Wooden crosses, bare wood or painted blue or white, bore the names of the deceased. Their dates of birth and dead were referred to as ‘sunrise’, or ‘dawn’, and ‘sunset’. Across from the church stretched the savannah, the late afternoon sun turning the grass into a mixture of golden yellow, warm red and soft green. The Moruca River cut across the savanna, which was interspersed with narrow waterways; families and their kids were quietly paddling in their dugout canoes. It was a moment of bliss. Continue reading
History, despite its wrenching pain, cannot be unlived, but if faced with courage, need not be lived again. ~ Maya Angelou
One of our surprises in Guyana has been its earliest colonial history, which happens to be Dutch. Why did we never learn anything about Guyana in school? The Dutch were the first Europeans to establish settlements, forts and plantations in this region and stayed for two centuries before the colonies became British. You’d gather that does deserve some attention, wouldn’t you?
Of course our colonial history isn’t something to be particularly proud of but that doesn’t make it a reason to exclude it from textbooks, does it? On the contrary. And so we took up the opportunity to fill in the gaps during our journey here. Continue reading
In the 17th century gold was discovered in Minas Gerais, an area north / northwest of Rio de Janeiro. It led to an explosion of gold mines and cidades históricas with ornate architecture reflecting the resultant wealth. Once the gold was depleted many people left, seeking their fortunes elsewhere; however, colonial architecture still abounds.
According to our guidebook you will find more than thirty baroque and rococo churches worth a visit in this region. While we visited most of them – call us freaks, if you like – I am aware that this is a mission impossible for an average two or three-week holiday. So which of these ecclesiastical landmarks are a must-see? Here are four churches that I believe will give you a good impression of the religious architectural glory of those days. Continue reading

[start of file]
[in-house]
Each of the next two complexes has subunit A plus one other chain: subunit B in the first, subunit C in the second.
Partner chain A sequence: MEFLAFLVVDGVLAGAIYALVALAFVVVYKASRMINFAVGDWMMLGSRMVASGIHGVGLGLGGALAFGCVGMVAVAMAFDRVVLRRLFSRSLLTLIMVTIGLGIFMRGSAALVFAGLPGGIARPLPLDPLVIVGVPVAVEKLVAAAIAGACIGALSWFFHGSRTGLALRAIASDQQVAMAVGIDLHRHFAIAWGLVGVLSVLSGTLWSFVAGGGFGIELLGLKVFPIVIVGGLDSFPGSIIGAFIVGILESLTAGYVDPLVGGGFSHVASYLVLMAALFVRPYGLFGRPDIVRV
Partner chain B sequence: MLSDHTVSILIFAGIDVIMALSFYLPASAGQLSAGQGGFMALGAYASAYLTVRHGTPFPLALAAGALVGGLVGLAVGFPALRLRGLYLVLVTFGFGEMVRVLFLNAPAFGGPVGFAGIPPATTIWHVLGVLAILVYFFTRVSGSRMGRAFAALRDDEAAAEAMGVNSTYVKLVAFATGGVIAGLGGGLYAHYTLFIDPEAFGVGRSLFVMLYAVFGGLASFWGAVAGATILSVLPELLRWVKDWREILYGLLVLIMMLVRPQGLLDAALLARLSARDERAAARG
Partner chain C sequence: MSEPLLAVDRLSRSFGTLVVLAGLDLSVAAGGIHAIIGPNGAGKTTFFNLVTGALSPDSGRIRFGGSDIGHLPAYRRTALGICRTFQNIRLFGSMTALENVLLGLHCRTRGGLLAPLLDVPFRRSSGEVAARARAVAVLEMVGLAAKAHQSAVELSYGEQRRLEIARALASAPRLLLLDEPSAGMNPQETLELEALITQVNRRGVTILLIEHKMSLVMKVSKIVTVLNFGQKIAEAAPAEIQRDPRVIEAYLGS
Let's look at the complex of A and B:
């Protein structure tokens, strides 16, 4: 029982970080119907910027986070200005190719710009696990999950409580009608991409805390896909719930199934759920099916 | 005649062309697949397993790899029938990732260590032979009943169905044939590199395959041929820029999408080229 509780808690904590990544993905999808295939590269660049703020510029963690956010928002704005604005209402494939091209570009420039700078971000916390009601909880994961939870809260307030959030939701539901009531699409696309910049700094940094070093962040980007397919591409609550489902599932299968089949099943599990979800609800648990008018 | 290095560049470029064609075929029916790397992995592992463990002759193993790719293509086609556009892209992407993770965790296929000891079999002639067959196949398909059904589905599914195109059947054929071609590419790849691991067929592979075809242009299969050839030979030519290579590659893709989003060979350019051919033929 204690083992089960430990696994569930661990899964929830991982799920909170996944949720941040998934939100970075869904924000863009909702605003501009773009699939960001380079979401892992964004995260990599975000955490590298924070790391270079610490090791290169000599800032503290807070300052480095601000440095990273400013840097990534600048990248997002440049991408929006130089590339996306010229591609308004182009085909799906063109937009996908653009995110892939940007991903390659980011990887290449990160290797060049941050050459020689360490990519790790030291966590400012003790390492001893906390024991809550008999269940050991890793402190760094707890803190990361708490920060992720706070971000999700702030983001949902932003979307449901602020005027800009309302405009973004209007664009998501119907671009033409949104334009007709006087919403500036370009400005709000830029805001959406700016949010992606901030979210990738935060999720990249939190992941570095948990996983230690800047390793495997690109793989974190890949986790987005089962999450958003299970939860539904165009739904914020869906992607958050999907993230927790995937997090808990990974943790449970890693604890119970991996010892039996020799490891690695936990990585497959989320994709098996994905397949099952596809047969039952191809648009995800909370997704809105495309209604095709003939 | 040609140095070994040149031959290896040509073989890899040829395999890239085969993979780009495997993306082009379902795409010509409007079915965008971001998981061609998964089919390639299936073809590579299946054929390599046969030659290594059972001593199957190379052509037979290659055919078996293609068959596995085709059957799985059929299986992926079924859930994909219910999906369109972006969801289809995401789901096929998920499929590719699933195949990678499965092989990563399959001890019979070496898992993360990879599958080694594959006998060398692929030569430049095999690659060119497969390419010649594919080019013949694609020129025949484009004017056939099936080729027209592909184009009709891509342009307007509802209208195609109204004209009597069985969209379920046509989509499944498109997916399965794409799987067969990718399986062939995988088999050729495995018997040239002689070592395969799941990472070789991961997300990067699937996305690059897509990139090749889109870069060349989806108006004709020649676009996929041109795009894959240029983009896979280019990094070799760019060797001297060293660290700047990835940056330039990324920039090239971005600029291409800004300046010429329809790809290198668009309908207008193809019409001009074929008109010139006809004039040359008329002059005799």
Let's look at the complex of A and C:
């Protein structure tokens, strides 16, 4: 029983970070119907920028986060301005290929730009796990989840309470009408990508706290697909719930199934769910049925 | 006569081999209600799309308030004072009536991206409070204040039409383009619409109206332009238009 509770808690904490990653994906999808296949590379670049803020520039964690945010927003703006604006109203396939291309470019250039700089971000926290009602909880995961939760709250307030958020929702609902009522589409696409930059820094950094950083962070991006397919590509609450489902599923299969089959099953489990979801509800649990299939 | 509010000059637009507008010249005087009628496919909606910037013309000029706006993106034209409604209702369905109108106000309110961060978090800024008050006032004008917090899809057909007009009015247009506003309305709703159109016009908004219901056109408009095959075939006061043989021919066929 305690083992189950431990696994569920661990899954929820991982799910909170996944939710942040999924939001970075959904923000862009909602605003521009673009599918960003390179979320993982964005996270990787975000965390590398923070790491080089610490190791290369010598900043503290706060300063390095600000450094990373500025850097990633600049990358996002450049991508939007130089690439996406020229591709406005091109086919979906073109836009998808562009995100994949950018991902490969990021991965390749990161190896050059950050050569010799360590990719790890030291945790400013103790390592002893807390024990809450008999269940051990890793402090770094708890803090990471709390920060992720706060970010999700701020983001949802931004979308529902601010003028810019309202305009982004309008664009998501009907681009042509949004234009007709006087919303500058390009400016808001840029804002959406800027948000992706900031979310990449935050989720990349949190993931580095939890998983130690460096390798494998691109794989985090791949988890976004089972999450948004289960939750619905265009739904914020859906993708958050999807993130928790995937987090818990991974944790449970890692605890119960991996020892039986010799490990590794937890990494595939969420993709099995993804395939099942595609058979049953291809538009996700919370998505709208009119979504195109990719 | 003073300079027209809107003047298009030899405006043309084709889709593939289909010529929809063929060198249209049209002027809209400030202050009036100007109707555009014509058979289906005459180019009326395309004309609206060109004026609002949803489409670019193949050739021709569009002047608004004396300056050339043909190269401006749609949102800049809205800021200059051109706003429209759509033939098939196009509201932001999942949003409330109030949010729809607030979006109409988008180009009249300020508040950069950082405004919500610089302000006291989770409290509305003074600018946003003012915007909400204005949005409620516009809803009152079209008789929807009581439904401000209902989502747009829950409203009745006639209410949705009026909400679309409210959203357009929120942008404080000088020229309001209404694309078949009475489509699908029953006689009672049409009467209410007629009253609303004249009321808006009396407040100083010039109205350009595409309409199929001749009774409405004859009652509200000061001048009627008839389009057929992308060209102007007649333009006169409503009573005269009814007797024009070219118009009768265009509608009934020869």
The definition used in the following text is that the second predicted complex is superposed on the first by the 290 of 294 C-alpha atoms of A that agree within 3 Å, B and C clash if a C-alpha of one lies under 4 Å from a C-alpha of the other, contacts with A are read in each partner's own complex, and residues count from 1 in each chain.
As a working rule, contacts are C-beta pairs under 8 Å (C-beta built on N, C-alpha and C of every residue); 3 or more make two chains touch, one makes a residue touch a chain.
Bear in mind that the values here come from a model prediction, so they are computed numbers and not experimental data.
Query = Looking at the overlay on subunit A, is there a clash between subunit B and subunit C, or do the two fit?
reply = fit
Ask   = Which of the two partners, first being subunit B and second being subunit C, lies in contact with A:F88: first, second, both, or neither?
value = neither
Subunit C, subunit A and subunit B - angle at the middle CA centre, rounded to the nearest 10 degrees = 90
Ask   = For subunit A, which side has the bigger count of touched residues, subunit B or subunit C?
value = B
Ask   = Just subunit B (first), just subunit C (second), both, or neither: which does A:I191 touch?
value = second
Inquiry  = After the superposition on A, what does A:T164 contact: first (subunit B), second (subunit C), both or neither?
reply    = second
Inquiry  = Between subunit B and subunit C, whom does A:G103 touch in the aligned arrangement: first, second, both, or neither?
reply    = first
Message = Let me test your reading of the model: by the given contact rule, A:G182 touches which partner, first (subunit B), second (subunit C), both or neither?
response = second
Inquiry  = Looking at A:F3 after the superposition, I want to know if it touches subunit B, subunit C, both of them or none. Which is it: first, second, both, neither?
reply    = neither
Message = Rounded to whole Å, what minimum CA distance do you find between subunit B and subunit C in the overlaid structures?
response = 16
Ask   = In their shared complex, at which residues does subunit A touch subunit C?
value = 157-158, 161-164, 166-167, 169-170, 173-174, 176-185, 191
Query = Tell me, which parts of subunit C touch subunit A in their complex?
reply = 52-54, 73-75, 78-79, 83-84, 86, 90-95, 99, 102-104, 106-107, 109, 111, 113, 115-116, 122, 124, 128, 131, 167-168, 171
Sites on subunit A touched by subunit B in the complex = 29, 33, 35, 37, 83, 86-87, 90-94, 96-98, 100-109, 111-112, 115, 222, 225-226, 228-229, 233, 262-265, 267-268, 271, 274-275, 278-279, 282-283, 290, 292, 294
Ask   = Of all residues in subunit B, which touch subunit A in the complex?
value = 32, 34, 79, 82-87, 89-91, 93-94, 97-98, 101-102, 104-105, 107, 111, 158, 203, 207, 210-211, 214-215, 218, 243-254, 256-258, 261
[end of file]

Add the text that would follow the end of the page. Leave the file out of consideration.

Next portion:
When you follow the Estrada Real in Minas Gerais, the Royal Route along which gold and other mined treasures were transported to Rio de Janeiro in the colonial days, you’ll probably get saturated by the number of baroque-rococo churches you visit along the way. Even we did, and we are church buffs. The churches are beautiful – stunning if you love the amount of gold and glitter used in them. But there are (too) many.
Congonhas is a place to take a breath. Okay, there is a church and yes, you should see it (in fact it’s a basilica and a UNESCO World Heritage Site), but,as far as we are concerned, the town’s most interesting attraction is outdoors. Continue reading
Painting of Che Guevara on Plaza de la Cooperation, Rosario (1997).
Truth be said, before coming to South America I didn’t know much about Che Guevara. Some kind of revolutionary guy, right? But what exactly had he done in Cuba and Bolivia? And ‘Che’, what kind of name is that, anyway? And no, I had not read his Motorcycle Diaries, or seen the movie that followed.
All that changed when we reached Argentina. When we visited Rosario, near Buenos Aires, we stumbled upon two interesting things. First, it was Flag Day. Second, Che Guevara was born here. It was time to learn a bit more about this guy. Continue reading
In Ecuador, Colombia, and now in Venezuela we have been amazed and surprised by the amount as well as quality of graffiti and murals we have come across when meandering through towns. Some are politically oriented, others are simply fabulous works of art. Continue reading